Media literacy key ‘to combating fake news, hate speech’

Magda Abu-Fadil
Updated 16 May 2017
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Media literacy key ‘to combating fake news, hate speech’

JEDDAH: Media literacy in the Arab world is still “nascent,” but building awareness of critical-thinking skills can help fight fake news and hate speech, an expert in the field has said.
Seasoned journalist Magda Abu-Fadil — who has worked for international news organizations like Agence France-Presse (AFP) and United Press International (UPI), and now runs workshops for journalists — was lead editor of “Opportunities for Media and Information Literacy in the Middle East and North Africa (MENA).”
The book, published late last year, is a group effort by media experts to document the state of media and information literacy — and, said Abu-Fadil, “often the lack, or scant application” of it — in this region.
The book was the result of cooperation between the UN Alliance of Civilizations, UNESCO and the International Clearinghouse on Children, Youth and Media at the University of Gothenburg in Sweden.
Aimed at educators, the media industry, government decision-makers and parents, the book’s 13 chapters, by several different authors, give perspectives from across the Arab world.
It outlines the importance of the subject given the scourge of the “digital propaganda engines of groups spreading hate, polarization and extreme violence across the world.”
Abu-Fadil said: “Media literacy is one of the keys to deciphering and combating fake news, extremism and hate speech. One must first understand and discern what’s fake, extremist and hateful, before being able to mount an effective and sustained counter-attack.”
Media and information literacy is “nascent” in the MENA region because of the disparities in education and media systems, Abu-Fadil added.
“Whereas you see an interest in promoting the concept and its application in countries like Lebanon, the UAE and Qatar, as well as varied aspects of it in Tunisia, for example, you need proper training of those who impart knowledge to understand how media and information are gathered, disseminated, deconstructed and analyzed — from elementary school all the way up to the university, and beyond,” she said.
“Being ‘nascent’ in the MENA region means we must do some very fast catching up, in deeds, not just in words. We must allocate the required budgets to pursue that goal and train the trainers who will make it happen.”
But she acknowledged that with fake news on the rise globally — and even having been attributed to swinging the election in the US — this issue is of worldwide importance.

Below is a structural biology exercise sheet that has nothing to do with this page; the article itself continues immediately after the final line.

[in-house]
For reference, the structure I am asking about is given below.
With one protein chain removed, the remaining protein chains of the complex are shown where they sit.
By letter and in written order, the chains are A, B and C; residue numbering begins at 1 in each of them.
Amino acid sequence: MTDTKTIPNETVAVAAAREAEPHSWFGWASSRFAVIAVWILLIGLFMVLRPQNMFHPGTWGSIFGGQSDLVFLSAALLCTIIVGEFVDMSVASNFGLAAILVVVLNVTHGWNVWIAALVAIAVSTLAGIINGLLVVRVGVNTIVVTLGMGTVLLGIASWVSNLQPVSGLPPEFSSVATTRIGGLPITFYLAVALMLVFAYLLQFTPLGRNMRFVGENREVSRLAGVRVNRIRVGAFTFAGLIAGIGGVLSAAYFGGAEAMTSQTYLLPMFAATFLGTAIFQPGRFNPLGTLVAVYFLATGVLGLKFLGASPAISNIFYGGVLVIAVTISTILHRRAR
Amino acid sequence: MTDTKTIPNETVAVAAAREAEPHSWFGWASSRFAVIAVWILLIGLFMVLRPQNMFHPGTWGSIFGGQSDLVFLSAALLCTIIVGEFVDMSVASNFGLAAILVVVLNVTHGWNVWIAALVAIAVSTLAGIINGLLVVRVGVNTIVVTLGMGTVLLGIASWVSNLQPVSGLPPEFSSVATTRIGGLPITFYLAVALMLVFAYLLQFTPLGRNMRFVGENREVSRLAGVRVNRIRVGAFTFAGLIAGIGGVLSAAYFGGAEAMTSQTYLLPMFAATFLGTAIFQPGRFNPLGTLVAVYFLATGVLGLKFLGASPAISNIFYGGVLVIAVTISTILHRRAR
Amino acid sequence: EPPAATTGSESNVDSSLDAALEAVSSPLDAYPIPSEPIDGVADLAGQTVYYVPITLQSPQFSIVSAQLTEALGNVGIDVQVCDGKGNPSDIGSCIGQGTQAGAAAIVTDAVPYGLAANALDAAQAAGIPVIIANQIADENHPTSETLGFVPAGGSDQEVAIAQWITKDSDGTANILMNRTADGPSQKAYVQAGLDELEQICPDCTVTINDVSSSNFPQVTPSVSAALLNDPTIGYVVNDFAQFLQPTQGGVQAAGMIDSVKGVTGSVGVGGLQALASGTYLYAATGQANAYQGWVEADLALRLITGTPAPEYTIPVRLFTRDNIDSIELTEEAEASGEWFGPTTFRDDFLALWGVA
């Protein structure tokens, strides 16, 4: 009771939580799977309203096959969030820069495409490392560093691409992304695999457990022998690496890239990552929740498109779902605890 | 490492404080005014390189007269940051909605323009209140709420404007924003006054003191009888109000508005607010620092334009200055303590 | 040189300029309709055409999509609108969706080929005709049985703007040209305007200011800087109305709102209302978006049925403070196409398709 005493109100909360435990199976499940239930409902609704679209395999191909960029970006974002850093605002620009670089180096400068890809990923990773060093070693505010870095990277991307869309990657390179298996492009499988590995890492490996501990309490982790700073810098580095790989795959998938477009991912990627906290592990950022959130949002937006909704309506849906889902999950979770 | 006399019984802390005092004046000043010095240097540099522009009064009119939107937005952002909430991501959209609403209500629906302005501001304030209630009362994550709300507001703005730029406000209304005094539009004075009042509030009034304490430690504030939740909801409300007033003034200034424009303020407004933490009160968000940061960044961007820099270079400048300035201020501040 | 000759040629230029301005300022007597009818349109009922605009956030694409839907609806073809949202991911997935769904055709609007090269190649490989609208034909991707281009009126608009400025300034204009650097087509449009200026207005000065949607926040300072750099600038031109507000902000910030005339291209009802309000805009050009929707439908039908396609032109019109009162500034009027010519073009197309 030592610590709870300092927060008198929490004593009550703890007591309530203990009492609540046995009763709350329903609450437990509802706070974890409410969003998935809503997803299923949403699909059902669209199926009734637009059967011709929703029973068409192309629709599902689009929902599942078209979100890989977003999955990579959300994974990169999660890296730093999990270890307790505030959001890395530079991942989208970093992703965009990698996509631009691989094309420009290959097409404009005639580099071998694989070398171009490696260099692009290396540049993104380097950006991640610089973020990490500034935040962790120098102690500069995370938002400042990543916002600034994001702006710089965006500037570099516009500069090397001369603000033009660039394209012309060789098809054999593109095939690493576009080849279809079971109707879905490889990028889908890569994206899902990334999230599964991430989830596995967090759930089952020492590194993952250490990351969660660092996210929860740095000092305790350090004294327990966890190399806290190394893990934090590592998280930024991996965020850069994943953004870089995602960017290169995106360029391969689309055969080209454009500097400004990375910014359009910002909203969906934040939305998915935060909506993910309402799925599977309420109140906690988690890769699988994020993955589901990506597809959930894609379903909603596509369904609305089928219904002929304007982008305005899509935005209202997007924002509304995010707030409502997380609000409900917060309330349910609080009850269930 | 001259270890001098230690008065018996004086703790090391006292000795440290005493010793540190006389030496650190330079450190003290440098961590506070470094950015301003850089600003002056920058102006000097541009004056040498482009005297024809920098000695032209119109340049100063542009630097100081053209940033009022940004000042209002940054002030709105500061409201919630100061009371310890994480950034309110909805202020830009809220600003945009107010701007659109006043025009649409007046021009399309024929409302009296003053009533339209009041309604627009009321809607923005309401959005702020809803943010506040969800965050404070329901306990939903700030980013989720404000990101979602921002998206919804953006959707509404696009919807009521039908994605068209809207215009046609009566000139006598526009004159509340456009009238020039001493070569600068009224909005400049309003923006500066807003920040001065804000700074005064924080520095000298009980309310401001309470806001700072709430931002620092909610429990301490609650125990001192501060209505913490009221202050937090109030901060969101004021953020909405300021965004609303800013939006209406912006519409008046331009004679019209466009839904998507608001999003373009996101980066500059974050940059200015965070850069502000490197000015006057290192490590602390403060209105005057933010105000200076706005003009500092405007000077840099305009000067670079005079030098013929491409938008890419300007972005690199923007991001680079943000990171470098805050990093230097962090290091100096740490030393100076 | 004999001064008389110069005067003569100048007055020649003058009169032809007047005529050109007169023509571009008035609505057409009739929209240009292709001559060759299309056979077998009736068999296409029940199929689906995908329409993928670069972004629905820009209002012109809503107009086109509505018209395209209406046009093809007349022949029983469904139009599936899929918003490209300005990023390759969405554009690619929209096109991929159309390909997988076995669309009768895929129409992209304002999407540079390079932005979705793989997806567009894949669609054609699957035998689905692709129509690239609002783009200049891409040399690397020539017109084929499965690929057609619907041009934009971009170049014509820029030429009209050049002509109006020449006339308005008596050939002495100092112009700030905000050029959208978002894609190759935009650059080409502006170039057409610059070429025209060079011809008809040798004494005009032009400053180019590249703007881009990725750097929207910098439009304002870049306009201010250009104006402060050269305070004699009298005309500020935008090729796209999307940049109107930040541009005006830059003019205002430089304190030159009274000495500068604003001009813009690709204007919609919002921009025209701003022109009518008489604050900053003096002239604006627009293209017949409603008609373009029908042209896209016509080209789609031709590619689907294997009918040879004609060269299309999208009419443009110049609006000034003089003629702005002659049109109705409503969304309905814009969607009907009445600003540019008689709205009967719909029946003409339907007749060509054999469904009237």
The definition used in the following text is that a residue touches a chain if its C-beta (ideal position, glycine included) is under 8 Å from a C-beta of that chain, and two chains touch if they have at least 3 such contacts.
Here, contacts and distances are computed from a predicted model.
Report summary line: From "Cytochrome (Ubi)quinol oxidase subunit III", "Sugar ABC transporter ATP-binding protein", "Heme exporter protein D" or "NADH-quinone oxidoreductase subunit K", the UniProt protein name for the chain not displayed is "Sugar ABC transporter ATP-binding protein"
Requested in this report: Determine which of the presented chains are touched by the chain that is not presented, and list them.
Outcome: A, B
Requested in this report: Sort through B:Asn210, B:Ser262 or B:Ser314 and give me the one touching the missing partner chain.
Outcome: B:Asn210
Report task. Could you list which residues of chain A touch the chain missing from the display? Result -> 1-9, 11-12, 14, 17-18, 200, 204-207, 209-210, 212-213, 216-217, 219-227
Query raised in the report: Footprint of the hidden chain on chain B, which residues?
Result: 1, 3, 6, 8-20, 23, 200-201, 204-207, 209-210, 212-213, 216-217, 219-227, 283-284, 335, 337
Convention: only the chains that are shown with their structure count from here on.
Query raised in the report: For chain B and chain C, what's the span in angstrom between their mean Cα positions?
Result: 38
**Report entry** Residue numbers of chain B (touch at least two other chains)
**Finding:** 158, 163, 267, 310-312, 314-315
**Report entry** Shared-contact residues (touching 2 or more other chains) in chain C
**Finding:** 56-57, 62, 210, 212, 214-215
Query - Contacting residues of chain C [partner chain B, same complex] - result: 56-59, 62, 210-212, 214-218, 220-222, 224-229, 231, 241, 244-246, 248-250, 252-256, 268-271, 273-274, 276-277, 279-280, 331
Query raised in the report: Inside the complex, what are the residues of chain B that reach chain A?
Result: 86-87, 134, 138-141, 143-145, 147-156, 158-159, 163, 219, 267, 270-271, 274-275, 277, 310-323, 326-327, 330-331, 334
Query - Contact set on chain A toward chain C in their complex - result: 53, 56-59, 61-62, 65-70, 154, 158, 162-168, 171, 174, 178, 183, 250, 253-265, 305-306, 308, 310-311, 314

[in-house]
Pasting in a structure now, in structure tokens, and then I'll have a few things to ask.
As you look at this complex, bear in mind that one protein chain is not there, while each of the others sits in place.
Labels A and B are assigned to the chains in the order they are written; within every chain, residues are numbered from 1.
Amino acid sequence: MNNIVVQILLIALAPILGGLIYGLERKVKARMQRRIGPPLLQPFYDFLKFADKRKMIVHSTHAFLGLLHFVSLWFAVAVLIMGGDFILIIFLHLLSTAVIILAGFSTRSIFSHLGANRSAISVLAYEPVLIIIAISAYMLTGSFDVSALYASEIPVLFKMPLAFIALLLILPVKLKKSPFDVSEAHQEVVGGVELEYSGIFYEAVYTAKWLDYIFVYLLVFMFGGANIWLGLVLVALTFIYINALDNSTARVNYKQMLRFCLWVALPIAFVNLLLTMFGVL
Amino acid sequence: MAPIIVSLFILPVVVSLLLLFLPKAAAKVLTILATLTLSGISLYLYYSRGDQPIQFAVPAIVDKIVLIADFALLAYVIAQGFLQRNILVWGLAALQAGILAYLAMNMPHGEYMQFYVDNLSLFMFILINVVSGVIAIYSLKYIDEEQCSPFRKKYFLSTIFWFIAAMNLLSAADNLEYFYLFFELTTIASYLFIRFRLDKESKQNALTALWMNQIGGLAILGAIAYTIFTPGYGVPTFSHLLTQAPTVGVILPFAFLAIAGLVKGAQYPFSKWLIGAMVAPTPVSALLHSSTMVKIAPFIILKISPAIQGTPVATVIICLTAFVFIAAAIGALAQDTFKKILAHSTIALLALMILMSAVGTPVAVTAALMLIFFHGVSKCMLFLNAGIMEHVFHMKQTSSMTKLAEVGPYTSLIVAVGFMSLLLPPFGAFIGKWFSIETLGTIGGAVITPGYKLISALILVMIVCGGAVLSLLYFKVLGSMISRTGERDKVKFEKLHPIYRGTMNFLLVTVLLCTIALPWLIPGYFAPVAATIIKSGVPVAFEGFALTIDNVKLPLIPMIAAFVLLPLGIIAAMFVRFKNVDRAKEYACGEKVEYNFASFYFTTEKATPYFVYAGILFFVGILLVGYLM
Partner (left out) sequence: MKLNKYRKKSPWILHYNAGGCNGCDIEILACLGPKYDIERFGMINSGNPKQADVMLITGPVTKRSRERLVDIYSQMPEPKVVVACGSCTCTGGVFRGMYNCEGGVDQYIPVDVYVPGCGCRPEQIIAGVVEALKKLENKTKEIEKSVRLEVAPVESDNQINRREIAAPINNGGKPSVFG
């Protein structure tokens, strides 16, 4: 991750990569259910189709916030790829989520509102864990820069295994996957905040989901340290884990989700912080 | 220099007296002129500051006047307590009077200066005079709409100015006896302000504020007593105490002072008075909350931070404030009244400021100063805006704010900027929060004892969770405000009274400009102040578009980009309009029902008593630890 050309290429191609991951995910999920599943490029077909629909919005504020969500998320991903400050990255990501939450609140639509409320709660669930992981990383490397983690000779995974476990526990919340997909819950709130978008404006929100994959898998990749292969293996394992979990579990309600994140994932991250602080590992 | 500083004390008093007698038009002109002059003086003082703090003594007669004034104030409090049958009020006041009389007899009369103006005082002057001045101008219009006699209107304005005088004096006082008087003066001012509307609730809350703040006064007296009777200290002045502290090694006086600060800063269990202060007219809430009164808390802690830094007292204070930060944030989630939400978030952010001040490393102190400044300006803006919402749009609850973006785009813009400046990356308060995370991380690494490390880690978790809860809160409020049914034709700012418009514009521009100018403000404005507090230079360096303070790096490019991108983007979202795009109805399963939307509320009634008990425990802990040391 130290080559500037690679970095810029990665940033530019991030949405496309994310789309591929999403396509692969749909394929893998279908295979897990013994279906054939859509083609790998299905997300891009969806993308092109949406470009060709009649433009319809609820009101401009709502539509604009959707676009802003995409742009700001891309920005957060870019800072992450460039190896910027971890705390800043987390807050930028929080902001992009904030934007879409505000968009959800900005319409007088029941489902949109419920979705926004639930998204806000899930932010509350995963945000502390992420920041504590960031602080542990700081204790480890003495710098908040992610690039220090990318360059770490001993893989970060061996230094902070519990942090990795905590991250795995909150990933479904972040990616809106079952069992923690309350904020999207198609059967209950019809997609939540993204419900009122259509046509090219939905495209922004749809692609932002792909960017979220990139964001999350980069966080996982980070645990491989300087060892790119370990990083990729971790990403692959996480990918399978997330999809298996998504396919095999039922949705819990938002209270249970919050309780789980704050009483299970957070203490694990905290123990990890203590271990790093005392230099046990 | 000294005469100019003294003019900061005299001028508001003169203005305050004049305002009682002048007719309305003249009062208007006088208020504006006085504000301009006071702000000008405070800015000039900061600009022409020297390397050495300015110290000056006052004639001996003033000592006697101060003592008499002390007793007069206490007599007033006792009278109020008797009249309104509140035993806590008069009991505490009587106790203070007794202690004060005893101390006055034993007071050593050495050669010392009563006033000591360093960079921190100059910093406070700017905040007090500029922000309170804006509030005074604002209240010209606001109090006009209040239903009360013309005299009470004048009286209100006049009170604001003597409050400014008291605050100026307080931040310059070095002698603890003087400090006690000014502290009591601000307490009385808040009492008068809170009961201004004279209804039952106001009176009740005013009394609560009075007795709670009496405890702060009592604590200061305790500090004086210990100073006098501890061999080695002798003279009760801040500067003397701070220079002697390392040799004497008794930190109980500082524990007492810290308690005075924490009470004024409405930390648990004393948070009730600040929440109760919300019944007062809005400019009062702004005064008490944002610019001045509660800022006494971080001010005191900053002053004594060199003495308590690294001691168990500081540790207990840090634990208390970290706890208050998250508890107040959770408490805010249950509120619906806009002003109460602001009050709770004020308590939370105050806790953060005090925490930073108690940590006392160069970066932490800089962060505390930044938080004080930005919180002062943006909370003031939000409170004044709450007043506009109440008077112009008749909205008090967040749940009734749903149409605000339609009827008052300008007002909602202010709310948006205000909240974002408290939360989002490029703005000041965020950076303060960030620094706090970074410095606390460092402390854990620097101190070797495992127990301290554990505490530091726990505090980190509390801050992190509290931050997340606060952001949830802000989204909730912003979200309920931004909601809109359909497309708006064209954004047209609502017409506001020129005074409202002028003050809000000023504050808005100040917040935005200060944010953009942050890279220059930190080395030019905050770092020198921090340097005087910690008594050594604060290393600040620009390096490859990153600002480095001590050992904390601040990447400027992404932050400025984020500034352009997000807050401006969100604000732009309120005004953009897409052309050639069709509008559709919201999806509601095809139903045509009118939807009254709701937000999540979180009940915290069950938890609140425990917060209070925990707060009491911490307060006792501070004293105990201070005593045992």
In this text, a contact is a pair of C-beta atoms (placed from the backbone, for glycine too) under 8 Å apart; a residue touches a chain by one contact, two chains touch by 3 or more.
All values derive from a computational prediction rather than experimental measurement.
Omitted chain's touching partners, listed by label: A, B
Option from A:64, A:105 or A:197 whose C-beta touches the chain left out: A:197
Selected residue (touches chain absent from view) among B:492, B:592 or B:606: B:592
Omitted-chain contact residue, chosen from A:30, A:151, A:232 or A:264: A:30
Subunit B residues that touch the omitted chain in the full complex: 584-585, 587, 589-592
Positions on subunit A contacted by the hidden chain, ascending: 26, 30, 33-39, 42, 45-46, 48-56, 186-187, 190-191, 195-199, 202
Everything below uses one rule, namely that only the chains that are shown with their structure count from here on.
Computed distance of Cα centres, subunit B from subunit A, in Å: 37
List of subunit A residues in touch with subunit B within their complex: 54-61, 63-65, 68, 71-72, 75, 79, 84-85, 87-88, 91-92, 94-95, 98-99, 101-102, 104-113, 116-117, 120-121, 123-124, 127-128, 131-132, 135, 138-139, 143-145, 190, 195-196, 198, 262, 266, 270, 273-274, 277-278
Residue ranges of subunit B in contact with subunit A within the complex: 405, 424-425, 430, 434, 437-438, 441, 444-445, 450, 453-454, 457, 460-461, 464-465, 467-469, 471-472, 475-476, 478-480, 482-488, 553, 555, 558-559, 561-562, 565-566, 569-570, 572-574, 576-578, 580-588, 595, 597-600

“There definitely is a global shortfall in media literacy, as witnessed from the US election… the French election, the Dutch election and wherever else there are high stakes,” she said.


India court reverses TikTok app restrictions

Updated 25 April 2019
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India court reverses TikTok app restrictions

  • It is already banned in neighboring Bangladesh and was hit with an enormous fine in the US
  • The case against TikTok was launched by an activist group that said the app encouraged paedophiles and pornography

NEW DELHI: An Indian court has reversed a decision that ordered Google and Apple to take down Chinese-owned video app TikTok over the spread of pornographic material, local media said.
The controversial but wildly popular app allows users to upload and share short 15 second clips from their phones and claims to have 500 million users worldwide — more than 120 million of them in India.
It is already banned in neighboring Bangladesh and was hit with an enormous fine in the United States for illegally collecting information from children.
The Wednesday ruling by the Madras High Court in India’s southern Tamil Nadu state requires the popular platform to prevent “obscene videos” from being posted.
“(The court) warned if any controversial video violating its conditions were found uploaded using the app, it would be considered a contempt of court,” a report by the Press Trust of India agency said.
On April 16, India’s government demanded Google and Apple remove the service from its app stores, though the order did not stop those who had already downloaded the app from using it.
The case against TikTok was launched by an activist group that said the app encouraged paedophiles and pornography.
India’s government told the court on Wednesday that they had formed a committee to suggest ways to regulate apps like TikTok, PTI said.
TikTok told the court that they had removed around six million controversial videos from the platform since the order was announced banning new downloads last week.
The app hit the headlines in India earlier in April after a 19-year-old man was accidentally shot dead by a friend in Delhi as they posed with a pistol to make a video on the platform.
TikTok has become a major rival to Facebook, Instagram and other social network sites among teenaged smartphone users in the past year.
Bangladesh banned TikTok in February as part of a clampdown on Internet pornography.
The same month, the US Federal Trade Commission (FTC) said a $5.7 million fine ordered against the company was the largest imposed in a child privacy investigation.
The social network failed to obtain parental consent from underage users as required by the US Children’s Online Privacy Protection Act, FTC officials said.